The boss of a Russian payments firm who was jailed last year for organising a cyberattack on a rival's website, has been released early in exchange for helping to build the country's new national payments system, a local journalist has claimed.
Last year ChronoPay co-founder Pavel Vrublevsky was sentenced to two and a half years in a penal colony after being found guilty of hiring botmasters to attack rival processing firm, Assist.
According to blogger Brian Krebs, who has reported on Vrublevsky extensively, the ChronoPay boss was convicted of paying $20,000 to hire the men behind the Festi spam botnet to hit Assist in 2010. The rival's site was knocked out and left airline Aeroflot unable to sell tickets for days, costing the firm millions of dollars.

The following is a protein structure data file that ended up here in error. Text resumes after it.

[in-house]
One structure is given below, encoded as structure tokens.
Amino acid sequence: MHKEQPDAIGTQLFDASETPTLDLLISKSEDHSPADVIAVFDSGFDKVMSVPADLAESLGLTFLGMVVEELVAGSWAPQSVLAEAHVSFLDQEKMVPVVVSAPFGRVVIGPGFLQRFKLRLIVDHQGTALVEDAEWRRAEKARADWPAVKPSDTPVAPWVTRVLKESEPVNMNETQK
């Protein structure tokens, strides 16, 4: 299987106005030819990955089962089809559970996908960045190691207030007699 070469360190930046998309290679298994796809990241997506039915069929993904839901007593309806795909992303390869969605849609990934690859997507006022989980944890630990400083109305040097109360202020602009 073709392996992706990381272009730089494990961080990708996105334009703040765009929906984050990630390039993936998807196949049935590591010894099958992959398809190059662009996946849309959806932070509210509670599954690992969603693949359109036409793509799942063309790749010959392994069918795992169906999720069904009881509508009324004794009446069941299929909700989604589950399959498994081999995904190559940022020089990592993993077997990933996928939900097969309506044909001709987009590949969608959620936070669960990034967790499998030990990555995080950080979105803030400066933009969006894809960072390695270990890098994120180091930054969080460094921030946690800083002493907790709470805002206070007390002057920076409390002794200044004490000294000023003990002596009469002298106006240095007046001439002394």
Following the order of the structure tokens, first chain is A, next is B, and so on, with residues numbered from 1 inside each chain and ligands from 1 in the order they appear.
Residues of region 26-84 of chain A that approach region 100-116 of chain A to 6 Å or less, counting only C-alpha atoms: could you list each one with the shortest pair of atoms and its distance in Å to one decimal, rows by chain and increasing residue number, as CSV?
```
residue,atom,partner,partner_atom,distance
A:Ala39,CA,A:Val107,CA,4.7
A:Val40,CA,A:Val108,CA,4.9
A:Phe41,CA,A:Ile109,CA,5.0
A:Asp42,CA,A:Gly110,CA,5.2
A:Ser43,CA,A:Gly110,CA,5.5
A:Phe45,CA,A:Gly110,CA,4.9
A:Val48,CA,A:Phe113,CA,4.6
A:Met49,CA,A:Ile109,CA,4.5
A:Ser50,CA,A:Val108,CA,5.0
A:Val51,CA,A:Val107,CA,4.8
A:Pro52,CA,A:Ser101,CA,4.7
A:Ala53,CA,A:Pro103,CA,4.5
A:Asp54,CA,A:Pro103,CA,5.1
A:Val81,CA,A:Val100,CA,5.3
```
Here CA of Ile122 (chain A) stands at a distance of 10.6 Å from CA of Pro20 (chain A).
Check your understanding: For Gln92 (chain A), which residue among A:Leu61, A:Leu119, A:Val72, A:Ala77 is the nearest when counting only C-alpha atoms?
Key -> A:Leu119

Yet last week, less than a year after he was sentenced, Vrublevsky was freed. Citing sources, reporter Irek Murtazin says that Vrublevsky was released as part of a deal to help build Russia's new National Payment System.
Murtazin - who covered Vrublevsky's trial for Russain newspaper Novaya Gazeta - says in a blog post (Russian) that the convicted crook was made an "offer he could not refuse".
Russian president Vladimir Putin decided to create a payment system to compete with Visa and MasterCard earlier this year. The move was in response to the American card giants cutting off services to several banks because of US sanctions related to Putin's annexation of the region of Crimea.